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|Originally Published: Monday, 27 August 2001||Author: The Staff of Linux.com|
|Published to: develop_articles/Development Articles||Page: 2/4 - [Printable]|
Interview with Eric Allman, CTO of Sendmail Inc.
Today, the first day of Linux World, San Francisco, Sendmail Inc. one of the world's most successful open source companies and IBM (big blue) announced a joint partnership to deliver powerful software for mainframes on Linux at a scale the world has perhaps not seen before. This terrific validation of the open source development method is cause for celebration. Linux.com caught up with Eric Allman, CTO of Sendmail, Inc. (who wrote the original sendmail back in 1981, arguably the most important piece of network software ever written) to ask the guy some questions.
|The Mundie/Tiemann Debate||<< Page 2 of 4 >>|
Linux.com: Recently you watched the debate between Microsoft's Mundie and RedHat's Tiemann, what did you think of the debate in general?
Eric Allman: I thought Mr. Mundie's prepared remarks were quite good, but he seemed to not do anywhere near so well handling off-the-cuff questions. Mr. Tiemann has a tendency toward hyperbole which I thought diminished the impact of his statements, although clearly the crowd loved it. And speaking of the crowd, I was disappointed by some of them - they were clearly there to make a point (by trying to embarrass Mr. Mundie) rather than investigate the issues, so I felt that the Q&A portion was less interesting.
On the other hand, I was able to go to part of the press conference after the open session, which was much more interesting. Unfortunately, I didn't see the whole thing, but what I did see involved much more thoughtful (and harder) questions, with quite a bit of discussion. It was pretty clear that the press wasn't on Microsoft's side, but they were letting questions be fully answered and then asking follow-up questions; this was able to get a bit deeper into real issues.
Perhaps the person I was most impressed by was Tim O'Reilly, who very effectively moderated both sessions, and was truly interested in creating more light than heat.
Linux.com: I saw the debate also, and thought Mundie did well, all things considered. His description of an ecosystem, which includes an intellectual commons and a commercial software business makes a lot of sense. What doesn't he understand?
Eric Allman: Perhaps his description of an ecosystem is a bit too close to the mark. For example, one commercial enterprise might be lumber. There's nothing inherently wrong with lumber - it's a fabulous building material, and it is renewable if properly managed. But clear-cutting forests is not a responsible way to go about it, even if that is cheaper and more profitable in the short run. Clear-cutting often results in serious erosion, thereby making that land essentially unusable by anyone (well, except perhaps for the strip-miners) for a significant time.
To me, Microsoft has behaved like the clear-cutters of the computer software industry. He claims that Microsoft has been a major innovator. I don't believe that to be true - essentially all of their major "innovations" have been purchased rather than built - even most of Microsoft Office was built elsewhere and then purchased and incorporated. It's less risky to let the true innovators explore the territory and then reach down and pluck the winner - and crush the competition, essentially reducing genetic diversity, which slows down and in some cases may even stop evolution entirely. This doesn't enhance the ecosystem; it exploits and damages it. I have absolutely nothing against the ecosystem that Mr. Mundie describes- in fact, I think it's essential. But given that we do all share a single environment, be it a planet or an industry, the players must behave responsibly in order to ensure the perpetuation of that world.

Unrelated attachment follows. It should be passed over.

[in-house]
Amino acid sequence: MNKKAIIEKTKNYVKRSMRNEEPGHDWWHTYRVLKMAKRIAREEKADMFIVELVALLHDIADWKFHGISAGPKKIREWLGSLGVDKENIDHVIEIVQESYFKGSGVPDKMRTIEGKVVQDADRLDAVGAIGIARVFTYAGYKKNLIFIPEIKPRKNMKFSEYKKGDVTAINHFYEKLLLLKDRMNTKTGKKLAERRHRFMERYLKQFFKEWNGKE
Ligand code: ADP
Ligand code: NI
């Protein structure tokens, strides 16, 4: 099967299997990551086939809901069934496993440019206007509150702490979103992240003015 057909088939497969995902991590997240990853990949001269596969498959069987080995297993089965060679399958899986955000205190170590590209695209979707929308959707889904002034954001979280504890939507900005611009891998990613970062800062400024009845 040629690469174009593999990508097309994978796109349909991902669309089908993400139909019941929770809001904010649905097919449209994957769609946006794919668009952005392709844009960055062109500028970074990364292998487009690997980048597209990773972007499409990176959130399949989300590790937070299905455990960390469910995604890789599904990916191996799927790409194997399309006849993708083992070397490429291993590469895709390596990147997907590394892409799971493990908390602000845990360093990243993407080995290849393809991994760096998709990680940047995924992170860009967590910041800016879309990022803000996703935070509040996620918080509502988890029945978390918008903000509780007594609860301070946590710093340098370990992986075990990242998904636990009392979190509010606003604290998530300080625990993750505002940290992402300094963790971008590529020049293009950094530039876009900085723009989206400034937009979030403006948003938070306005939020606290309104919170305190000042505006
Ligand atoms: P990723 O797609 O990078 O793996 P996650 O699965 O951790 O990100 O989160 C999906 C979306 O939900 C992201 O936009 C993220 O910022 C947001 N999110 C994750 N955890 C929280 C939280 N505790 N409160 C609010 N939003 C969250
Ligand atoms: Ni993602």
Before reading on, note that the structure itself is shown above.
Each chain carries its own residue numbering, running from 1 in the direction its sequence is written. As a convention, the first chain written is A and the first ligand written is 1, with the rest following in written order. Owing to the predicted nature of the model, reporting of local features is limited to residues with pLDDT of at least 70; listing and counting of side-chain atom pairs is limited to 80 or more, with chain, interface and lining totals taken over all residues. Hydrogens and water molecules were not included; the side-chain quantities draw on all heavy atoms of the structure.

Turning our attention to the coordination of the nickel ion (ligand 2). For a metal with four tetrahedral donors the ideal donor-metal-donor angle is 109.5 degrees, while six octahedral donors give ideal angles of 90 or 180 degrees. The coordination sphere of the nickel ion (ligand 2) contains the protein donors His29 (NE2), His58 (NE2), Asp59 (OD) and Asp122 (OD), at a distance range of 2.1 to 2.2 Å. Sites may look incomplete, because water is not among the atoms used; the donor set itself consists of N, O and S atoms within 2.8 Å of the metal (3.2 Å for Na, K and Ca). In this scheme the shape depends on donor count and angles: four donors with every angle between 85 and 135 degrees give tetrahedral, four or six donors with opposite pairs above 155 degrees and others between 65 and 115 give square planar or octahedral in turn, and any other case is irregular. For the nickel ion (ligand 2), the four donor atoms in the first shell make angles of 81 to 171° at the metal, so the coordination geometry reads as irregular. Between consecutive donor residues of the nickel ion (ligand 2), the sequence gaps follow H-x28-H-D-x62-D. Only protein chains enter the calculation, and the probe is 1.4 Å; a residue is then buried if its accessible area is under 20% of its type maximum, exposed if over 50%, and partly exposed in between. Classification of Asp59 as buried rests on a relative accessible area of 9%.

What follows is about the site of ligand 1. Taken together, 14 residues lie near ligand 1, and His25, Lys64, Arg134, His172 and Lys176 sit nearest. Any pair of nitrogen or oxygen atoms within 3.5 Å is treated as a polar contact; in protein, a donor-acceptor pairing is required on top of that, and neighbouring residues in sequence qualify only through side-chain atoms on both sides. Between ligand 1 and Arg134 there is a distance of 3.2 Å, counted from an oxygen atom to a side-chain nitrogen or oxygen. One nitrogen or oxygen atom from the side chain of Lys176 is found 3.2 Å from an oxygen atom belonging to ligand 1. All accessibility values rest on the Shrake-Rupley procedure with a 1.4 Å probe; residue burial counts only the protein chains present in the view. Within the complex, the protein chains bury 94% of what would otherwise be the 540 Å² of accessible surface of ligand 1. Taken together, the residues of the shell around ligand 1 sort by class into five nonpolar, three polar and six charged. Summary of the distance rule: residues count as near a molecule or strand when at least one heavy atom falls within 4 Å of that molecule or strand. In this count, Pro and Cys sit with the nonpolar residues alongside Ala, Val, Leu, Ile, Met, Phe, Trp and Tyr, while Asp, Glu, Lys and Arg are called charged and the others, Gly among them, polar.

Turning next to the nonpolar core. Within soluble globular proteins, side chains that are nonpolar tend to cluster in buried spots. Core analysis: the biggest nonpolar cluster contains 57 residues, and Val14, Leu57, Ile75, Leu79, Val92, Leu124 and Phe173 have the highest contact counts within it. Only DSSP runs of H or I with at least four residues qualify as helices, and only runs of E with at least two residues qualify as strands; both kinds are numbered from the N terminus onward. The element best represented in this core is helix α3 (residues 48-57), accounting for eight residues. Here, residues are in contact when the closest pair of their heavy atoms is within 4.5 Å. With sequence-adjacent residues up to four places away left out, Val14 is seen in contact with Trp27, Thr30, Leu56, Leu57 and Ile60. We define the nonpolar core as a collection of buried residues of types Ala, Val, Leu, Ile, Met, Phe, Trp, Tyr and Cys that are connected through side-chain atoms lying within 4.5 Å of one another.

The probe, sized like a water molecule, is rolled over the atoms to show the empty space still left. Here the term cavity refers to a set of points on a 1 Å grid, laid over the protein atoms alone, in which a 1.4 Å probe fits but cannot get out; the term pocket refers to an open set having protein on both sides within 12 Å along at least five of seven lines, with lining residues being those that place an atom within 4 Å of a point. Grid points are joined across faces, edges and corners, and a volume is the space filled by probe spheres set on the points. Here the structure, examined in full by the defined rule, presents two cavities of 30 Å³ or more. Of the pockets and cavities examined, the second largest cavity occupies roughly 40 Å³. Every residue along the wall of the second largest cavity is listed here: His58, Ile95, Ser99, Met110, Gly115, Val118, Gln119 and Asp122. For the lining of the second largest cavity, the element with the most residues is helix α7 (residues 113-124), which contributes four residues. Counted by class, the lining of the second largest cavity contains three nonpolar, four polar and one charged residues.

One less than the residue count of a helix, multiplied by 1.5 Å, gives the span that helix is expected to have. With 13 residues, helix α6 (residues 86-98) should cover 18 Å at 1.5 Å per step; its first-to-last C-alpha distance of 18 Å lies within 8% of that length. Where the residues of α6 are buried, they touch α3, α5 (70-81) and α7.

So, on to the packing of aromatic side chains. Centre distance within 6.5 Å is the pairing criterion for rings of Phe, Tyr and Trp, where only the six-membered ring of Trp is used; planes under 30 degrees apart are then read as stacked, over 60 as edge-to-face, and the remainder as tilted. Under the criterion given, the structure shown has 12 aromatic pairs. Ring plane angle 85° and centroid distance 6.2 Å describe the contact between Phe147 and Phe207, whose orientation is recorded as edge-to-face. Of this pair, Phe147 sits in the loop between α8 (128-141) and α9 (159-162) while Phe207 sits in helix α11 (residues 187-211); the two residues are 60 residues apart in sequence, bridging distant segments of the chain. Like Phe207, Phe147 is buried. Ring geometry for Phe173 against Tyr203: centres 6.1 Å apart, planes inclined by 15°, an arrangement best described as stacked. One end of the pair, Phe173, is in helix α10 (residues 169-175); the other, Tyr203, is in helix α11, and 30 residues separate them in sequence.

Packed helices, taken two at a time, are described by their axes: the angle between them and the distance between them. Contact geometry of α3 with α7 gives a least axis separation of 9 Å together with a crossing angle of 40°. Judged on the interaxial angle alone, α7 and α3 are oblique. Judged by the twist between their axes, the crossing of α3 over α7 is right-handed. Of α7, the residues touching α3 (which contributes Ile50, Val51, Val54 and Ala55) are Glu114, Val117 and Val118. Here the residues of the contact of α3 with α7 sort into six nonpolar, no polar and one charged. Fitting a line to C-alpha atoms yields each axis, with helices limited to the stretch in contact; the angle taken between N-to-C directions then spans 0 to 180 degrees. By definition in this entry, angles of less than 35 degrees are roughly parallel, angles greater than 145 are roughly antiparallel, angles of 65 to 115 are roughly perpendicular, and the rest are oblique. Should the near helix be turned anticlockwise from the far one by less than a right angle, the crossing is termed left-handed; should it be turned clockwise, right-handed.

Linux.com: Mundie made the point that our western society is formed on the idea of intellectual property ownership and getting paid for money invested in patent development. Proprietary software companies are starting to repeat basically the same message in response to Open Source: look, we all gotta eat. It's a valid question, what are your thoughts on that issue?
Eric Allman: Western society formed on that idea? Somehow I think that certain other principles such as cooperation between individuals to create a society based on principles of fairness rather than sheer strength might be closer to the mark. However, I do agree with the "we all gotta eat" principle, and I do believe that the concept of IP is intrinsically fair. However, I also believe that the IP situation, at least in the United States, has been corrupted. For example, it's possible now to file a vague patent, keep it alive by updating it periodically, and then revise it to match something interesting that someone else has done, get the patent issued, and then sue the true inventor for patent violation, even though the patent holder actually stole the idea from the inventor. This is simply broken.
Also, IP law has been revised to extend the life of many forms of IP; this is particularly true in copyright law. That seems backwards in a world where things are changing more quickly, not more slowly. This doesn't strengthen the inventor, it strengthens the companies that can afford to buy up IP and can afford large legal teams.
There are legitimate cases for extending patents - the classic case being drug companies that lose a substantial amount of their patent protection during the approval period. However, extending the life of patents isn't the way to fix this - for example, perhaps the clock shouldn't start ticking until the invention can actually be sold. There are ways to abuse this as well, but perhaps they aren't as onerous as the current system.
|The Mundie/Tiemann Debate||<< Page 2 of 4 >>|